The fossil of a large marine reptile 90 million years old and rare in Europe, recently extracted from a private troglodyte cellar in Tuffalun (Maine-et-Loire, France), was presented Thursday 4 May 2017 at the Museum of Natural Sciences D’Angers and hailed as an „exceptional discovery“.
The fossilized bones of this predator of the family of plesiosaurs, large marine reptiles that lived during the dinosaurs’ time in the seas and oceans, were found in 2013, after falling from the ceiling of a private troglodyte cellar, explained Benoît Mellier, in charge of the collections of the Museum of Angers .
These bones – a 51 cm long femur, „pieces of limbs of a wrist or a foot“, a „series of small phalanges that constituted a swimming palette“, but also a complete mandible (one meter long) – were extracted in the fall and reported in February 2017 at the Museum of Angers, where they will be a subject of a complete paleontological study.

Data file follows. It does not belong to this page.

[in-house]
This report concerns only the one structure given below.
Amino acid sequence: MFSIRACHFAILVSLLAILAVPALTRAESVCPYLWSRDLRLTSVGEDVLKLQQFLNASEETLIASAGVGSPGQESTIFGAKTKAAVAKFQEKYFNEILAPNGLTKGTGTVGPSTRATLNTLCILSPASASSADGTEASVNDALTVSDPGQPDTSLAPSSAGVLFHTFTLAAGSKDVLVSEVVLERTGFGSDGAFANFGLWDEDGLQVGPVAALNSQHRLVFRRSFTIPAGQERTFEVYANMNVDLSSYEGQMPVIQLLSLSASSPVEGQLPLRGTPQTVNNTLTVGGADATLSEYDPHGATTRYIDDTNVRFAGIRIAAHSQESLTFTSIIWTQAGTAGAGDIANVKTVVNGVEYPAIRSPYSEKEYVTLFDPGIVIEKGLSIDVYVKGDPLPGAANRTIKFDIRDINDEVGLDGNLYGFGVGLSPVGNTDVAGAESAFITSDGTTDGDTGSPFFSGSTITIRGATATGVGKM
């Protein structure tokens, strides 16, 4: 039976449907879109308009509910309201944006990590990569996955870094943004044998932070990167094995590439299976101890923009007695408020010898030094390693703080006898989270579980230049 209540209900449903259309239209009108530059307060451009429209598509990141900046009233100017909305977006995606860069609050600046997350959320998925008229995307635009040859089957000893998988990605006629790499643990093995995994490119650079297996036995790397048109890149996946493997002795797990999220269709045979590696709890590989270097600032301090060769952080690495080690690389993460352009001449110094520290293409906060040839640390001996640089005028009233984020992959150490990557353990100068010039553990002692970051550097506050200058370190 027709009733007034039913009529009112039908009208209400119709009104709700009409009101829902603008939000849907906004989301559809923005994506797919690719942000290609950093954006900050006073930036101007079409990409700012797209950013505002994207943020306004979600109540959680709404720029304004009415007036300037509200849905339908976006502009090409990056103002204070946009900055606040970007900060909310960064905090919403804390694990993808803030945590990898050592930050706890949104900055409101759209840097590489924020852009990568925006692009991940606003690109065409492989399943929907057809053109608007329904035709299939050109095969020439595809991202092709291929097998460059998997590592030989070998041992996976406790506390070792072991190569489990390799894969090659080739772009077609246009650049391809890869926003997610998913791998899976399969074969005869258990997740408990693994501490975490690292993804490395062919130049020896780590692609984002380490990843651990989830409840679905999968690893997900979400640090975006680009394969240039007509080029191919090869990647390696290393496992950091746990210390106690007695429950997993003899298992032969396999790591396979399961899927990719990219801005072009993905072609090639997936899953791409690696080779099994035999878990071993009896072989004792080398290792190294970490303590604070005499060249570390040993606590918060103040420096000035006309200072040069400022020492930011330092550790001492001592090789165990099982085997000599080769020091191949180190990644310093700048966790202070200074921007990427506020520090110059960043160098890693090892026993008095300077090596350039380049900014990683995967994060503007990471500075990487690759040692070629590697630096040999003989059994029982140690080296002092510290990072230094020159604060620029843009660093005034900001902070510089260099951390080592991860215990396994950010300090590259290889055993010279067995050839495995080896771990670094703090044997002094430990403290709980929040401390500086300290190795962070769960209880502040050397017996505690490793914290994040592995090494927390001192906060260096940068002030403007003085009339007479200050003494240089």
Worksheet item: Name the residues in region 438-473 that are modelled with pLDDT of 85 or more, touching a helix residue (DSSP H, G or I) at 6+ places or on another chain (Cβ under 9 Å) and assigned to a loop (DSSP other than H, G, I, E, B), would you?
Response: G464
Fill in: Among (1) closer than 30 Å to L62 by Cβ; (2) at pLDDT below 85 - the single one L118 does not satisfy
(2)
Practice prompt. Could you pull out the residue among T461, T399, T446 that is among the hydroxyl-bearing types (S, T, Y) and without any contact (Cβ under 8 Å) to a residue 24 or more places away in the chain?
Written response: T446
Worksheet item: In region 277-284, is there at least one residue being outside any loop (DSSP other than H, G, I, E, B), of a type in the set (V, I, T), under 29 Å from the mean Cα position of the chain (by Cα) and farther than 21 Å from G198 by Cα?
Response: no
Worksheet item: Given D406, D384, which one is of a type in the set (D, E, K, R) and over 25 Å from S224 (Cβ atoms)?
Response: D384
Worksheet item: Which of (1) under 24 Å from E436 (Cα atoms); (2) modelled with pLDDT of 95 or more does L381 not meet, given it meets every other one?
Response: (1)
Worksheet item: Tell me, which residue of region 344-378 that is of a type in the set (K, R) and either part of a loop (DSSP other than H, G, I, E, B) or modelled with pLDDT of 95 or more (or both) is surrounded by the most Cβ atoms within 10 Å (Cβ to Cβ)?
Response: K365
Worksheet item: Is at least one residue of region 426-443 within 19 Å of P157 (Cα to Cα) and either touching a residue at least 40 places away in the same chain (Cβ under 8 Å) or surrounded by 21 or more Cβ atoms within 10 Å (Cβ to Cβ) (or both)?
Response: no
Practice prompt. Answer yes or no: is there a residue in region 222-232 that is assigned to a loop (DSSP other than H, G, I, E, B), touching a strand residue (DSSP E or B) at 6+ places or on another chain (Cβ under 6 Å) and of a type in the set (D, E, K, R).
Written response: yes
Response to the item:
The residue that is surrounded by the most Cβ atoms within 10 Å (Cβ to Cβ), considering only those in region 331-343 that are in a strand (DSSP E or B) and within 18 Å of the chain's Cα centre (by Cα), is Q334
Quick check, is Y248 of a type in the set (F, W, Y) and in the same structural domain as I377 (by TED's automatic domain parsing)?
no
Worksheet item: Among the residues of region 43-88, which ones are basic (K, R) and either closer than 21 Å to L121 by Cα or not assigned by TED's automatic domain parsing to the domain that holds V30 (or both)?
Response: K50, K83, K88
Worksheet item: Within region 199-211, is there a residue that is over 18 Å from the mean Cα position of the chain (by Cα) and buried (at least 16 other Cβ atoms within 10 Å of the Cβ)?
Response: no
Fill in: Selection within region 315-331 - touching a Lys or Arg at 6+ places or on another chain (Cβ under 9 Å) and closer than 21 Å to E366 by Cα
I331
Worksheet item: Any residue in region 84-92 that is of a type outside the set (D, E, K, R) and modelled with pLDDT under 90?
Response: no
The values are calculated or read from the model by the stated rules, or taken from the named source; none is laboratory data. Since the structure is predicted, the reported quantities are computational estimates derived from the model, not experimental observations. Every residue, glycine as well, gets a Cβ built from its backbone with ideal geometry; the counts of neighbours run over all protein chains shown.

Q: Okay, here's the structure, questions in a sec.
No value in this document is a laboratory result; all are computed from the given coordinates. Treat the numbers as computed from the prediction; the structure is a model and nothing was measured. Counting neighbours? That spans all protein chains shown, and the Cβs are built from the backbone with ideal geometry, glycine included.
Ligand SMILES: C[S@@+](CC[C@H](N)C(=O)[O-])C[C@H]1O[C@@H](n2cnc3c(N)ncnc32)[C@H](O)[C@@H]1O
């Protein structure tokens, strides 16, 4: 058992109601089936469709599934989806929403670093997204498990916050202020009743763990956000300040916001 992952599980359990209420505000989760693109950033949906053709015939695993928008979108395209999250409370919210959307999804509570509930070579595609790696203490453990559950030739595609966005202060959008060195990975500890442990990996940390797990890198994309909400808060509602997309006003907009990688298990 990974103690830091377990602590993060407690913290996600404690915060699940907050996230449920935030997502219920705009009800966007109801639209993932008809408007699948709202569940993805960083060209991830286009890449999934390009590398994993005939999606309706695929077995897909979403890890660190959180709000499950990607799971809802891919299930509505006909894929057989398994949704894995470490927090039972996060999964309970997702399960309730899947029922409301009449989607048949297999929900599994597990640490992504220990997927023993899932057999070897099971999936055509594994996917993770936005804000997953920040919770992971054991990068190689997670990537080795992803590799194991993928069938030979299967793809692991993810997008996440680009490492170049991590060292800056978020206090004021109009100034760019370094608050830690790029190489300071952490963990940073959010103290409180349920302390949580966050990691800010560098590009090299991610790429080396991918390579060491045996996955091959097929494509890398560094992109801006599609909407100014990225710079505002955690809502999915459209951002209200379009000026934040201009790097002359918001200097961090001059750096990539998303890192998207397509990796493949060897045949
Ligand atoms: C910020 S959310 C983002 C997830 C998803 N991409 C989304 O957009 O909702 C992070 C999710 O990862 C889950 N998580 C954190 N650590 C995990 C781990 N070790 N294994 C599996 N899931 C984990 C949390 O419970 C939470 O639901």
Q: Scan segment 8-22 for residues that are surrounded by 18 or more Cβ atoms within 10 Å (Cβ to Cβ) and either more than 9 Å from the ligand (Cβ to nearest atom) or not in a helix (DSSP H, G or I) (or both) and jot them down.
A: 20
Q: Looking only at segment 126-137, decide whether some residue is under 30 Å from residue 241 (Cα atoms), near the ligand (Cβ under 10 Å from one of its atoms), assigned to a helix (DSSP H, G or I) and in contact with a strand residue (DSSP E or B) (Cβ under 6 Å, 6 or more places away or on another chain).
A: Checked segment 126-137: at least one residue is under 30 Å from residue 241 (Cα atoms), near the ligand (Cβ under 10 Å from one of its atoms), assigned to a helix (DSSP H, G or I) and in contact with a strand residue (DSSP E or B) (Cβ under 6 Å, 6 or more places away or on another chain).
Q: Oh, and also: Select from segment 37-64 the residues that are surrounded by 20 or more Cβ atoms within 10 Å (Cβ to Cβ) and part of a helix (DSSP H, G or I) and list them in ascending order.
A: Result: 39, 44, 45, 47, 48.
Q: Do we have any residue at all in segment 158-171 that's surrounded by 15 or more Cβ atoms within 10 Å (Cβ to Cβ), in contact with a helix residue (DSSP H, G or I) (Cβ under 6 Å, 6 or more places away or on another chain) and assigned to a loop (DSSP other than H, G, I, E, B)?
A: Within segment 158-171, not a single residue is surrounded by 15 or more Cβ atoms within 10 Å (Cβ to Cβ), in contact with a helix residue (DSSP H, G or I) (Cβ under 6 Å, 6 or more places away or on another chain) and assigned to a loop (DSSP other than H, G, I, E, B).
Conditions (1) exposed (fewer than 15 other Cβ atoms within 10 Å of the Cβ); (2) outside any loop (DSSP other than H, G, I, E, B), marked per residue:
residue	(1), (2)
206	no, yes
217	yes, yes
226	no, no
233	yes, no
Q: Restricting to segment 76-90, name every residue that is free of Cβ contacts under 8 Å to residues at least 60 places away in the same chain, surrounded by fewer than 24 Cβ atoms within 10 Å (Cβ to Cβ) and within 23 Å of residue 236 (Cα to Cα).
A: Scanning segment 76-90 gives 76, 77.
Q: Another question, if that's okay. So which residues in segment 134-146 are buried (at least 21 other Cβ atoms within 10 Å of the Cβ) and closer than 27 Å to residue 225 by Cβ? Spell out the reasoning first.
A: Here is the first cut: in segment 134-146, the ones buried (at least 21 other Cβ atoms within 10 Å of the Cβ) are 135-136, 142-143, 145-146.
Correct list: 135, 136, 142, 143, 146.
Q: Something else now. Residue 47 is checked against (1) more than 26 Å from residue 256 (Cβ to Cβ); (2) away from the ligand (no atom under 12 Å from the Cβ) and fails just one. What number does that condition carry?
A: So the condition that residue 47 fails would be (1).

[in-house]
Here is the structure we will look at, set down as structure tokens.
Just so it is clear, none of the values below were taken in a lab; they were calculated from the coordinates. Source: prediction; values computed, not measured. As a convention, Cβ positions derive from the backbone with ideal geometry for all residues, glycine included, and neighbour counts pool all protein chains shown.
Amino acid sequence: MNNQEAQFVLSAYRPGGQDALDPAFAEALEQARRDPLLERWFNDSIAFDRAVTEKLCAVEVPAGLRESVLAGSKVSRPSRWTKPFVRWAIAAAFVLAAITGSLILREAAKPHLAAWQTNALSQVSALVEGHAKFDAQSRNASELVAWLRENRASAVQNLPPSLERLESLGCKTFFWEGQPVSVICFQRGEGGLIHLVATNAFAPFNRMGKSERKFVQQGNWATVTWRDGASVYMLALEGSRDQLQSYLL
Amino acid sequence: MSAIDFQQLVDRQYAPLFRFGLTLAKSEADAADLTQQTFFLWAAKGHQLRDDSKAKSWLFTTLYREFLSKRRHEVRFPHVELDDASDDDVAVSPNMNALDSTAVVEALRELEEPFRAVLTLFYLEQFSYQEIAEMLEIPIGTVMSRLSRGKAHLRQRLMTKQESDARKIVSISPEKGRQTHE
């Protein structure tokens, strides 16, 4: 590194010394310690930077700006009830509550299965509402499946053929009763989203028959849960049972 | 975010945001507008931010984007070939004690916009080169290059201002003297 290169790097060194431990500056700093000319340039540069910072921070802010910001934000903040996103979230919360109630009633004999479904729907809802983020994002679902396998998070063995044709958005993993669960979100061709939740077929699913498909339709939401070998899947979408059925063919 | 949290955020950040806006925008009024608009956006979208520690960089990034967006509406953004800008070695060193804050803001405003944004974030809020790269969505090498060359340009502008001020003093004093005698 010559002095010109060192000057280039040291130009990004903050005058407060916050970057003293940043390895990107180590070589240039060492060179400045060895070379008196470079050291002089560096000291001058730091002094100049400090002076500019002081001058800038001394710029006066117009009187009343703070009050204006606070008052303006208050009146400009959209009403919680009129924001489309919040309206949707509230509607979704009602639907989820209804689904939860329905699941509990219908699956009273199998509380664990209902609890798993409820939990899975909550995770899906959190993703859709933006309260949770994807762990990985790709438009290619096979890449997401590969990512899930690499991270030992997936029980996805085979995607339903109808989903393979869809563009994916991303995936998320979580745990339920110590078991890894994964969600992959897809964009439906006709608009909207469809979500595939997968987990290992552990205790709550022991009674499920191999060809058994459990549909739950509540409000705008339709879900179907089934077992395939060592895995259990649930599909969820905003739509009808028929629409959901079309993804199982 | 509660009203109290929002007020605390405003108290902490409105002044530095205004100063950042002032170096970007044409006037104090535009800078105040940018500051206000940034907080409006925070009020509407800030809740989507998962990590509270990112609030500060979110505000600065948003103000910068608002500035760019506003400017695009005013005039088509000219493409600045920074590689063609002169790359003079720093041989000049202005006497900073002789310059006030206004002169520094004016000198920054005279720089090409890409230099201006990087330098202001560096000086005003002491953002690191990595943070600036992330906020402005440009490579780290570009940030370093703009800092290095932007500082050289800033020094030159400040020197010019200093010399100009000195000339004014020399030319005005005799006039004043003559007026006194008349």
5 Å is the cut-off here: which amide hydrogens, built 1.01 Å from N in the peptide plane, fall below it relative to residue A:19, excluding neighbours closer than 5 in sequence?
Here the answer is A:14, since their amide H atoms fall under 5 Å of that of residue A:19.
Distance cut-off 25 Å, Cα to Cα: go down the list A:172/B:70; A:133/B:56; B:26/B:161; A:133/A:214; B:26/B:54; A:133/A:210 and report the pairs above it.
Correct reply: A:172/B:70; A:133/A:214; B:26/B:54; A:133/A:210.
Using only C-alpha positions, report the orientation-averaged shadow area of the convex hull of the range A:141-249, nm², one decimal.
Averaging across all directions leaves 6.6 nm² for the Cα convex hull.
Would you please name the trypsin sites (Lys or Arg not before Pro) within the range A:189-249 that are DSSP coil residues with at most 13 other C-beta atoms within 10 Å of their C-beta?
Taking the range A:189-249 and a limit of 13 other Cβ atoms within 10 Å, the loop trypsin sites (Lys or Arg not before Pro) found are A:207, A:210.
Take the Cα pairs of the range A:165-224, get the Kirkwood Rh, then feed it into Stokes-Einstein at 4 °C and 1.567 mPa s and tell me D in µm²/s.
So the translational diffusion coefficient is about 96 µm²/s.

The discovery of this specimen, which was probably five to six meters long, is “ exceptional and will interest all researchers working on marine reptiles around the world, “ said Peggy Vincent, a paleontologist at the National Museum of History Naturalist of Paris, specialist of marine reptiles of the secondary era.
„This animal was found in levels that date back 90 million years ago and from that age, in Europe, for the group of pleesiosaurs, we knew nothing or just some small isolated elements“, she said.
„In the world, over the entire period of the Mesozoic, that is to say from 250 million years to 65 million years, there are only about a hundred species of plesiosaurs which are known, Is virtually nothing, so every discovery is important to try to trace their history and evolution, to understand how they have appeared“, she added